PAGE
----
Mental Biology: The New Science of How the Brain and Mind Relate
“Mental Biology provides a challenging and thought provoking picture of one of the most complex and confusing issues in modern neuroscience. One cannot intelligently discuss the issues of conscious thought without including this book as part of the conversation.”
The purpose of Mental Biology is broad: to challenge current thinking about how the mind works, what consciousness really is, and whether or not free will exists.
Klemm methodically takes the reader through a short course in neuroscience, with a focus on the structure of the brain. He then spends the bulk of the book looking at the complex and often confusing issue of consciousness, exploring its role in learning and memory.
Issues of behavior are raised when Klemm asks the provocative question, “Does consciousness do anything?” (His answer is “Yes, it does.”) The final section of the book takes us into a world that can be wonderfully confusing. Quantum mechanics, the Big Bang theory, string theory, and multiverses all enter into a discussion that draws few conclusions, but does raise a number of unanswered questions.
Klemm provides a valuable insight that is often ignored or downplayed: the impulses transmitted throughout the nervous system are not made up of electrons, but positive ions. We tend to think of electrical signals as being due to electron flow (that works for TV sets, cell phones, and other electronic devices). If electrons were to flow through nervous tissue, a great deal of damage would quickly take place and the system would soon cease to function. Signals in the nervous system are propagated by movement of positive ions through membranes, producing a difference in electrical charge across that structure.
As a key component of his basic thesis, Klemm introduces the idea of circuit impulse patterns (CIP). This concept more accurately reflects the reality of the linking of neural processes into a complex network than does the focus on a single nerve path and synapse. Neurotransmitters act in a variety of mechanisms depending upon the sum total of all the nerve impulses involved.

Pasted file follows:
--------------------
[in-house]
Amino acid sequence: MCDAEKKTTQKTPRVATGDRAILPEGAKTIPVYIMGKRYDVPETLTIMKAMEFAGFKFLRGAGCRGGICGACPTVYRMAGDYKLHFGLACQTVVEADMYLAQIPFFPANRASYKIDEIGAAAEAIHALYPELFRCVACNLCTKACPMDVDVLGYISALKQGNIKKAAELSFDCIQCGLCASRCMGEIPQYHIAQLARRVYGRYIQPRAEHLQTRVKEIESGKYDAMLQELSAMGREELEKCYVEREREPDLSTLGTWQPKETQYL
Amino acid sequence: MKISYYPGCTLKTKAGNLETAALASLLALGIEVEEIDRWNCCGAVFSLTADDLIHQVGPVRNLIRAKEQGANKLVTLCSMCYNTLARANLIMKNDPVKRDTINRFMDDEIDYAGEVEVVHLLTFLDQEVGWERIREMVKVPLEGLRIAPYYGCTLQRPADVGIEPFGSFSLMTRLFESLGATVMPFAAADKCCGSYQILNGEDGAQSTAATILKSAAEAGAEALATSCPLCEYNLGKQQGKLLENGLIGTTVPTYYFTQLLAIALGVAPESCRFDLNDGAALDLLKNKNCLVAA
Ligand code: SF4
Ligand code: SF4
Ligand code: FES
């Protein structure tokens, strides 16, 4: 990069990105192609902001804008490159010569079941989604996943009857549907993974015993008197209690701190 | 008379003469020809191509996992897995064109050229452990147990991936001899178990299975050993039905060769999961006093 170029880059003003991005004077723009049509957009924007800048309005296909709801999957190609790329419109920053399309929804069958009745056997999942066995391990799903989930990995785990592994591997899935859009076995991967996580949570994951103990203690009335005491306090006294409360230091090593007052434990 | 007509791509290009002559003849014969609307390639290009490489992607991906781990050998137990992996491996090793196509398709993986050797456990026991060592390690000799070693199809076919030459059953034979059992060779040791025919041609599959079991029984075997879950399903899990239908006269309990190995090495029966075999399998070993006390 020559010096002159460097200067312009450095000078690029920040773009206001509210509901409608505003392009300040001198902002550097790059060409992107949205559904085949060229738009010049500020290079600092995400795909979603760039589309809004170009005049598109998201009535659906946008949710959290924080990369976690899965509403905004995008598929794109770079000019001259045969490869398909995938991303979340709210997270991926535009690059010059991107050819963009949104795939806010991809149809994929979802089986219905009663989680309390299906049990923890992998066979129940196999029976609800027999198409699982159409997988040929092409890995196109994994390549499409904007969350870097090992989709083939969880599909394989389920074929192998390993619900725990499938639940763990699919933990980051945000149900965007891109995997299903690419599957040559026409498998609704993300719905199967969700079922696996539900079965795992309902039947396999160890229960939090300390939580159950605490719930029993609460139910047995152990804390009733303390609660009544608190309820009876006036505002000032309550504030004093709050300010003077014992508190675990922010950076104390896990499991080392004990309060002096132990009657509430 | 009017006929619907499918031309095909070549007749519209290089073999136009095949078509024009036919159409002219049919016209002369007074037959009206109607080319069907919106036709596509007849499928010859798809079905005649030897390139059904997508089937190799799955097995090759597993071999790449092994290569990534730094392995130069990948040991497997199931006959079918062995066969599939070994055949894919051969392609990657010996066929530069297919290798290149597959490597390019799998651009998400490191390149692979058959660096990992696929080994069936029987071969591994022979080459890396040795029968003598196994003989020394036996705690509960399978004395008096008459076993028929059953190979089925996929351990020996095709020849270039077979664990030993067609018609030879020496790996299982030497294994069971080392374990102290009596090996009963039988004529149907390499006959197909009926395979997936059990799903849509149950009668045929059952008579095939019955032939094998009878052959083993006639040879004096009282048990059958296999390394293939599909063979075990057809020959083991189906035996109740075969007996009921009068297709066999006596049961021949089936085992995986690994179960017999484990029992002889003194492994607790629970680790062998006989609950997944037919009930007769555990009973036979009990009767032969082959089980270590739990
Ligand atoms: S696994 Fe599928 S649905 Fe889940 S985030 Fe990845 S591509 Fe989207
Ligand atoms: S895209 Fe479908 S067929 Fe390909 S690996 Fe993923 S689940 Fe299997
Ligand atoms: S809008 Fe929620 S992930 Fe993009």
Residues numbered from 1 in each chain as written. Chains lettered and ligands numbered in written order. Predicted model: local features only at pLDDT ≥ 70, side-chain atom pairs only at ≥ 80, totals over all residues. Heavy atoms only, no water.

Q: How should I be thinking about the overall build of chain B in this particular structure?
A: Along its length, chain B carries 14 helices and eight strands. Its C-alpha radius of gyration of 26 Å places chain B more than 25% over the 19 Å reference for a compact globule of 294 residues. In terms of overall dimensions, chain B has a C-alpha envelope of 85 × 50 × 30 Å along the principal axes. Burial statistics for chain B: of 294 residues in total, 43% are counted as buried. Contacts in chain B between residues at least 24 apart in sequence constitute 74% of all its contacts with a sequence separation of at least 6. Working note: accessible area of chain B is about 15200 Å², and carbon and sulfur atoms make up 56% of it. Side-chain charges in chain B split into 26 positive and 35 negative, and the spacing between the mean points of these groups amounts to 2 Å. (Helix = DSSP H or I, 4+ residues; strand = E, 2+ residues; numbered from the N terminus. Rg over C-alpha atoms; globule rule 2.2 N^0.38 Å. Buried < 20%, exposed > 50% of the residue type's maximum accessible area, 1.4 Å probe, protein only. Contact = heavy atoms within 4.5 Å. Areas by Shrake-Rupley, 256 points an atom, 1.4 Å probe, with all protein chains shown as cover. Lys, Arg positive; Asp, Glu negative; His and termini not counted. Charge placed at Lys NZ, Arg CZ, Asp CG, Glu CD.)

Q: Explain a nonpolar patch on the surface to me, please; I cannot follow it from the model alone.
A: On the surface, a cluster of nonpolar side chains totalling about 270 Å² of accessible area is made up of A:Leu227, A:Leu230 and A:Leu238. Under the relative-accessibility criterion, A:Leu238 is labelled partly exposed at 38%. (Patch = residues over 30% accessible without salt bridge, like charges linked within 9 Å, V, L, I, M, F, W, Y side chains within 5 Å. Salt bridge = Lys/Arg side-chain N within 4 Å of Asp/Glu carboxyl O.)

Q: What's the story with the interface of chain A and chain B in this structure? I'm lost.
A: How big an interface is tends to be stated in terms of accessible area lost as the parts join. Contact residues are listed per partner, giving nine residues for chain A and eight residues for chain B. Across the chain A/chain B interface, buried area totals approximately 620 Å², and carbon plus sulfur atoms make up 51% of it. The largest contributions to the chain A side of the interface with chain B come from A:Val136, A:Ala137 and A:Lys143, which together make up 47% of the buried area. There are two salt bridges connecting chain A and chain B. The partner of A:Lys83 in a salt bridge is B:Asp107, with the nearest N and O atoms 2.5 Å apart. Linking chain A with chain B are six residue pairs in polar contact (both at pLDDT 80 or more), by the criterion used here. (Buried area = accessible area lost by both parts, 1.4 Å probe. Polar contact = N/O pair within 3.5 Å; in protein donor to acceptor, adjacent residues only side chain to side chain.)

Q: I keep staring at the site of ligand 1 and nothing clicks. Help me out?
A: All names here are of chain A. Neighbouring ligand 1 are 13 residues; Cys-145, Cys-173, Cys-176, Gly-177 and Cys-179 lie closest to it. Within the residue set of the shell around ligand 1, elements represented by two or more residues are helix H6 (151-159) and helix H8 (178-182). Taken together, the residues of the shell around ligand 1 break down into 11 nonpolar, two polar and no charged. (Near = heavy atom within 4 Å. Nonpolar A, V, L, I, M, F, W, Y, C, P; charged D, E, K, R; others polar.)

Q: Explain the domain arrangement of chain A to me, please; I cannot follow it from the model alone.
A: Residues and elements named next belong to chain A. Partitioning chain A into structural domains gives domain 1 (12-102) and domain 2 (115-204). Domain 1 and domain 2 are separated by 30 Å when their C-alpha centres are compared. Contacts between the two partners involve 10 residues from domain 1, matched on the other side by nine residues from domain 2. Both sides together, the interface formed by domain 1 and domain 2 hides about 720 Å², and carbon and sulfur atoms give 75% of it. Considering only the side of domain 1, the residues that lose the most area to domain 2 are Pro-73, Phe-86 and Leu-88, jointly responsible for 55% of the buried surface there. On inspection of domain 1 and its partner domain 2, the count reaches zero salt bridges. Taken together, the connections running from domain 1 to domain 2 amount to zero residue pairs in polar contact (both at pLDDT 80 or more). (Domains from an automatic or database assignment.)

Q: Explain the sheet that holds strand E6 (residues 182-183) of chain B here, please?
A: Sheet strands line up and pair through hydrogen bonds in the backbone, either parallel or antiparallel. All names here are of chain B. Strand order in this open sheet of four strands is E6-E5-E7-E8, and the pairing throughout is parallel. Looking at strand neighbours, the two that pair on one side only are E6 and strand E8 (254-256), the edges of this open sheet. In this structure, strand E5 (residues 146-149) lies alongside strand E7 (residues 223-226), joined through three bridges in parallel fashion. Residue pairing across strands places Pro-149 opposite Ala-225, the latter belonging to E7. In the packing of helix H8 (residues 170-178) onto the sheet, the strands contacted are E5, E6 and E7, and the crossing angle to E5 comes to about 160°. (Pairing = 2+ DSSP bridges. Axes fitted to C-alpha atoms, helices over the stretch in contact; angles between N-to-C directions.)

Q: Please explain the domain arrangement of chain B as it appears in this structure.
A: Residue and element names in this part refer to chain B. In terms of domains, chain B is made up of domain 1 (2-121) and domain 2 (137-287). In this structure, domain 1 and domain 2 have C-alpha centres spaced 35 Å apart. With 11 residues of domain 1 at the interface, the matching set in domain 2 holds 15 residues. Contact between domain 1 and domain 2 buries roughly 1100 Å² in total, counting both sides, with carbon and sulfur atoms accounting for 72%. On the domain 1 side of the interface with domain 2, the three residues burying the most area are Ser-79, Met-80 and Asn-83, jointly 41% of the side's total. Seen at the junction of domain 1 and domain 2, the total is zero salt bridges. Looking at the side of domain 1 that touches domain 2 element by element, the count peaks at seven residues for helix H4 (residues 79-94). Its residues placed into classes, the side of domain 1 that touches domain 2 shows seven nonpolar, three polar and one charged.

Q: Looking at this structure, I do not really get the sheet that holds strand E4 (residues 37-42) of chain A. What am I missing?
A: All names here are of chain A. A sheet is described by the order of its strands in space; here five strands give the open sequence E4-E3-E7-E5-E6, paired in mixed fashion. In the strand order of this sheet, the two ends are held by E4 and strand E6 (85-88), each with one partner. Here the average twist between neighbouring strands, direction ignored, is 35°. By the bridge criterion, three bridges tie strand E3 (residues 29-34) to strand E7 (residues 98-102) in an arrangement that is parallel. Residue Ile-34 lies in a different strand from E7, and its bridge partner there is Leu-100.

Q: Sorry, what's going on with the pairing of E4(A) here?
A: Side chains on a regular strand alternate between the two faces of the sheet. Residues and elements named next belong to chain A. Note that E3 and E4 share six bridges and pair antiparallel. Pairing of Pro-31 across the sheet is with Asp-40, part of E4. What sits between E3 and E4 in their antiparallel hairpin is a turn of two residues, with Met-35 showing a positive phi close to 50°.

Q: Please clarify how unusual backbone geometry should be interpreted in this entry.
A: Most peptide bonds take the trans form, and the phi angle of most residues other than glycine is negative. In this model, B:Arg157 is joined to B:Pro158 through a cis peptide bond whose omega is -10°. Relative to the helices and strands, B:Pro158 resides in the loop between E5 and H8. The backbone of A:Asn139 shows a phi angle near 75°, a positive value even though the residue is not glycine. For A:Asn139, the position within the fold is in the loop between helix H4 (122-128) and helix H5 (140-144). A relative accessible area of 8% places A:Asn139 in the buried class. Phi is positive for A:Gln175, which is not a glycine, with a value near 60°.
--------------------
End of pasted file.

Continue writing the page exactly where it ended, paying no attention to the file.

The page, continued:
By invoking the idea of CIPs, Klemm can then develop a sense of emergence of more complex phenomena from a set of less complex systems that interact, following ideas put forth in other settings by Philip Clayton and others.
The idea of consciousness has intrigue philosophers, theologians, and neuroscientists for a long time. Klemm puts forth some interesting and challenging thoughts on this topic. He argues that the brain does not just contain the conscious mind, but actually develops it.
Further, he states that the unborn child has a form of rudimentary consciousness at about month seven of the pregnancy (which opens the door to some troubling issues dealing with late-term abortions). In addition, Klemm feels that the normal adult brain does not achieve complete development until the mid-twenties. This idea is in keeping with a body of research dealing with impulse control showing conclusively that impulse control is not well formed until the early twenties. There are obvious implications in both the educational and legal realms for treatment of teens.
Klemm parts company with much of the neuroscience community when it comes to the topic of free will. He first does his homework by listing and evaluating the different arguments against the idea of free will, and then goes on to provide his position that supports the concept that we do have freedom of will. In doing so, he challenges many current students of the question. His conclusions stand in contrast to those of other neuroscientists such as Daniel Dennett (author of Consciousness Explained, among other books).
At times, Klemm drifts into a sort of mysticism. He states at one point “. . . life is a unique and seemingly magical category of creation . . .” In other passages he talks of life being a “miracle” and of a “mysterious life force” possessed by sentient animals and humans. Klemm gives no clue as to his personal philosophical position, so the reader is left to wonder whether he is speaking from some theological perspective or just using the vague terminology employed by scientists when they are confronted with complex life questions that they cannot answer using a naturalistic approach.
Given the complexity of the material covered in the book, the Notes section at the end seems a little sparse. There are fewer than 200 references cited, with no comments attached to any of the citations. An expansion and elaboration of this material would definitely prove helpful to the reader.
Mental Biology provides a challenging and thought provoking picture of one of the most complex and confusing issues in modern neuroscience. One cannot intelligently discuss the issues of conscious thought without including this book as part of the conversation.